The opinion of the court was delivered by: Hon. Jeffrey T. Miller United States District Judge
ORDER DENYING MOTION BROUGHT PURSUANT TO 28 U.S.C. § 2255
Movant Michael Dehamm ("Dehamm") moves to vacate, set aside, or correct his sentence pursuant to 28 U.S.C. §2255 ("Motion"). Respondent United States of America opposes the motion. Pursuant to Local Rule 7.1(d)(1), this matter is appropriate for decision without oral argument. For the reasons set forth below, the Motion is denied in its entirety. The Clerk of Court is instructed to close the file.
On February 19, 2003 Defendant Dehamm was indicted on a single court of manufacturing counterfeit obligations in violation of 18 U.S.C. §471. Dehamm was charged with falsely making, forging, counterfeiting, or altering United States $100 Federal Reserve Notes.
On February 4, 2003, San Diego Police Department ("S.D.P.D.") Detective Kenneth Nelson received a tip identifying Dehamm as a counterfeiter of Federal Reserve Notes. Detective Nelson conducted a records check and discovered that Dehamm had a probation compliance search waiver as a result of several state court convictions. Detective Nelson then obtained a picture of Dehamm and showed it to the informant; the informant identified Defendant as the counterfeiter.
Detective Nelson then contacted the United States Secret Service to report Dehamm's counterfeiting activities. After the informant positively identified Dehamm, Detective Nelson spoke with United States Secret Service ("U.S.S.S."). Later that morning, members of the U.S.S.S., S.D.P.D., California Department of Justice, and San Diego County Probation executed a probation compliance search waiver on Defendant's residence, located at 8953 Idyllwild Lane, San Diego.
When the agents arrived at Dehamm's residence, he was placed in handcuffs because of concerns regarding officer safety arising from Dehamm's earlier conviction for battery on a peace officer. During the search agents discovered counterfeit $100 bills and counterfeiting paraphernalia. Dehamm's car was also searched revealing additional counterfeiting equipment. Dehamm made several statements to officers while handcuffed in his home, while being transported to U.S.S.S. offices, and after receipt of the Miranda advisements at the U.S.S.S. offices.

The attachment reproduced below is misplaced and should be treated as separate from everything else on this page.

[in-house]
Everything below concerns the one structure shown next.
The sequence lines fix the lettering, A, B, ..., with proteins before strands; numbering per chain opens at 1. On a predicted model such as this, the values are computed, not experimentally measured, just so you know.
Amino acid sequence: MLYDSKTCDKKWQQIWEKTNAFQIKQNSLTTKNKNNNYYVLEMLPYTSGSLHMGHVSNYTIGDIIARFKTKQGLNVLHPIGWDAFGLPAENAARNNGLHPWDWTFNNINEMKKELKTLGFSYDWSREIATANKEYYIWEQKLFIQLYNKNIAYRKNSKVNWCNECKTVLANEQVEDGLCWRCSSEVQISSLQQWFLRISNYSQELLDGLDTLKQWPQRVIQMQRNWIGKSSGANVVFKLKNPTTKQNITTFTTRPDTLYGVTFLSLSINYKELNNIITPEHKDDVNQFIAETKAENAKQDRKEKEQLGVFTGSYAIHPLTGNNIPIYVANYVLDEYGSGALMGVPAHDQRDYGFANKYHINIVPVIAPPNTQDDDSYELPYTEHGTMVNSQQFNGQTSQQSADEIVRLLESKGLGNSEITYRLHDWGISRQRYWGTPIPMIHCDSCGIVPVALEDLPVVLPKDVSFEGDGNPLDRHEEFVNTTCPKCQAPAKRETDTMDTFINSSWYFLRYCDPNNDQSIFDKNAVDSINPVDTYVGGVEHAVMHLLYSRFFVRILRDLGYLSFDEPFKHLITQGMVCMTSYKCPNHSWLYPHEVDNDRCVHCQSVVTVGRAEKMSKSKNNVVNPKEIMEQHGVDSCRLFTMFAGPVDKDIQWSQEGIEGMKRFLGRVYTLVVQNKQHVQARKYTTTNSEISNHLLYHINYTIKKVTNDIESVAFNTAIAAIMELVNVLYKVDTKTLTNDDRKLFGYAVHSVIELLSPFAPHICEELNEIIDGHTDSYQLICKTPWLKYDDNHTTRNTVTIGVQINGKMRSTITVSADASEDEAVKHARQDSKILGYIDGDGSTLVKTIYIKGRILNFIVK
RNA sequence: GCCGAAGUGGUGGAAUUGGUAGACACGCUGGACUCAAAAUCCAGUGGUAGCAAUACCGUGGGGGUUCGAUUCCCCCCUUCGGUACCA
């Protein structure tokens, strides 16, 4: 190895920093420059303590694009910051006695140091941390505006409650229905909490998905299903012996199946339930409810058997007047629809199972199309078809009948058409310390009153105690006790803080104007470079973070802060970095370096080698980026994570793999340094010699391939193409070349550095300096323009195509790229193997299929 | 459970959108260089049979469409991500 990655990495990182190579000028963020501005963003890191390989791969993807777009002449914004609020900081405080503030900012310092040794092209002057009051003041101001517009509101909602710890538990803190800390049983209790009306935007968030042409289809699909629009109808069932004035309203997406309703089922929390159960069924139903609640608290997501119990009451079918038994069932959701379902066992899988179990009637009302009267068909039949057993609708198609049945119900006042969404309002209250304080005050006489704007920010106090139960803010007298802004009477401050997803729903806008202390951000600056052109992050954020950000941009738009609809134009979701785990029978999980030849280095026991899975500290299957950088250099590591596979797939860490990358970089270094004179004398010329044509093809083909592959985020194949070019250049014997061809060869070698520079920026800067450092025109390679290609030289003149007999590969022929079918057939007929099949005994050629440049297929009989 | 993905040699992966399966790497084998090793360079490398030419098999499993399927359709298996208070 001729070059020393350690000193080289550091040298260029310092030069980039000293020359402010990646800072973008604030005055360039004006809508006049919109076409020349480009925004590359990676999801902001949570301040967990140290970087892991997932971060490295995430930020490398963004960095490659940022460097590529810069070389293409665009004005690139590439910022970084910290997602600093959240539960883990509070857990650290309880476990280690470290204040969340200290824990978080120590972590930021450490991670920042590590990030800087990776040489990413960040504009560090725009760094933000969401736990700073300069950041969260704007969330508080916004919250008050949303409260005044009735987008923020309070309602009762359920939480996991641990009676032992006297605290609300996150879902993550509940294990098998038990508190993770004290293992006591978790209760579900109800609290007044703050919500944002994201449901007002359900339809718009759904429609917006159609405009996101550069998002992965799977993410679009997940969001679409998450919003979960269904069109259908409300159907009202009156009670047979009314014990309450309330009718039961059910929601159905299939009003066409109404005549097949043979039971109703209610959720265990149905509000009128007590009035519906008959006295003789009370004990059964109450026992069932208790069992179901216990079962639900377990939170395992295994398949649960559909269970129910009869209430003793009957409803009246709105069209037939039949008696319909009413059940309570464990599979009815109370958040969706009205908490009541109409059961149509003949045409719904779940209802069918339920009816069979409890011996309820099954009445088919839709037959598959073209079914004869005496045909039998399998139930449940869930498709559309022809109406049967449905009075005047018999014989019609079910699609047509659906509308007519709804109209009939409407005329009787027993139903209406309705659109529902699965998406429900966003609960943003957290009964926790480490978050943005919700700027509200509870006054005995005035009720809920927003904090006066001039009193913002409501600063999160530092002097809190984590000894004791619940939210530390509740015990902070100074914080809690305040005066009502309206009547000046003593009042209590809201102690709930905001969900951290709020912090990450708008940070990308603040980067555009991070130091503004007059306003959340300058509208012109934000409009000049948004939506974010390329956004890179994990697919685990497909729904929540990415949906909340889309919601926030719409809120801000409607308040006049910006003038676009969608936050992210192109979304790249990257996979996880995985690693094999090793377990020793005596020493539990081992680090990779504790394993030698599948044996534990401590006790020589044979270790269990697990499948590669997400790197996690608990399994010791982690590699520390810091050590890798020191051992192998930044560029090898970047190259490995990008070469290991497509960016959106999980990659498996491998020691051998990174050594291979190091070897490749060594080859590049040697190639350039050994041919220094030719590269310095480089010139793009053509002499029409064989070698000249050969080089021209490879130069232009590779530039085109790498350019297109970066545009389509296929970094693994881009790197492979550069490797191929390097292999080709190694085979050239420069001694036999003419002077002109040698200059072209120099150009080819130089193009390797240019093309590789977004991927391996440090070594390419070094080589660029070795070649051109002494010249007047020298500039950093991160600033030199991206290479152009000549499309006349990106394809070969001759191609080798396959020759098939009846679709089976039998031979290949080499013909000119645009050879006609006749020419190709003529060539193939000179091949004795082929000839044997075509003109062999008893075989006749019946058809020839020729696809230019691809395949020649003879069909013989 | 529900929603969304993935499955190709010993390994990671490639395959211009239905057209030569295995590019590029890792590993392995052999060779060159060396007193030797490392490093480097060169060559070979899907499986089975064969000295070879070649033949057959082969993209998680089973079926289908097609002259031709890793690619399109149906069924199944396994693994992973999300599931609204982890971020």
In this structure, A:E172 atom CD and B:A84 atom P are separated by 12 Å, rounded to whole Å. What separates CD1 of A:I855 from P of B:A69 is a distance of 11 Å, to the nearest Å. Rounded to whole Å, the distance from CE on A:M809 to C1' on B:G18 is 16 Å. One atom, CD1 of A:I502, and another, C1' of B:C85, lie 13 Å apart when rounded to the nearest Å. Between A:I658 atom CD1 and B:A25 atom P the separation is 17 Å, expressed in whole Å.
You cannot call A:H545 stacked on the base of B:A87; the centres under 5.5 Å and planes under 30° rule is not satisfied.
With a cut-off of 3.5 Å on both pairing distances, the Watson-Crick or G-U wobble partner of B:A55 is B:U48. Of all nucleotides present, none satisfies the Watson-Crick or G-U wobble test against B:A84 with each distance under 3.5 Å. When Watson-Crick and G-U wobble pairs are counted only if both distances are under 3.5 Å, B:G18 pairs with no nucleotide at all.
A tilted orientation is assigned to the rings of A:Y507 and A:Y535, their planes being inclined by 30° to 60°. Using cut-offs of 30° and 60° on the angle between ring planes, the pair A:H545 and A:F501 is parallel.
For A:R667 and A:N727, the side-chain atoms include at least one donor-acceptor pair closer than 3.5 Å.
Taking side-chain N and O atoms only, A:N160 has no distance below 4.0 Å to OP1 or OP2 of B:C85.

On October 21, 2003 the court denied Dehamm's motions to suppress evidence and statements. On November 14, 2003 Defendant pled guilty to a conditional plea agreement, preserving for appeal the previously denied motions to suppress statements, suppress evidence, and dismiss the indictment for violation of the Speedy Trial Act. On May 5, 2004 Dehamm was sentenced to a term of incarceration of 30 months, followed by a three year term of supervised release. Dehamm pursued an appeal of the denial of his motions to suppress statements and evidence. On August 16, 2005 the Ninth Circuit affirmed this court's denial of the motions.
On October 24, 2006, Dehamm filed the present Motion arguing that (1) he did not validly consent to a Fourth Amendment search waiver as a condition of probation and therefore all evidence should have been suppressed; (2)the police officers failed to provide him with his Miranda advisements are therefore all statements should have been suppressed; and (3) his counsel failed to provide effective assistance of counsel in violation of his Fifth and Sixth Amendment rights.
Waiver of Right to Collaterally Attack Sentence
The Government argues that Dehamm waived his right to collaterally attack his sentence and therefore the Motion must be denied. The waiver provision contained in the Conditional Plea Agreement provided, in pertinent part, that Dehamm waived his right to collaterally attack the sentence unless the court imposes a custodial sentence greater than the high end of the guideline range (or statutory mandatory minimum term, if applicable) recommended by Defendant at the time of sentencing.
(Clerk's Record, "CR," 52 at p.8). At the time of sentencing, Defendant recommended a final Adjusted Offense Level of seven, a criminal history category of VI, with a corresponding Sentencing Guideline Range of 15-21 months. As the 30 month custodial sentence imposed on Dehamm exceeded the high end of the guideline range recommended by Defendant, the ...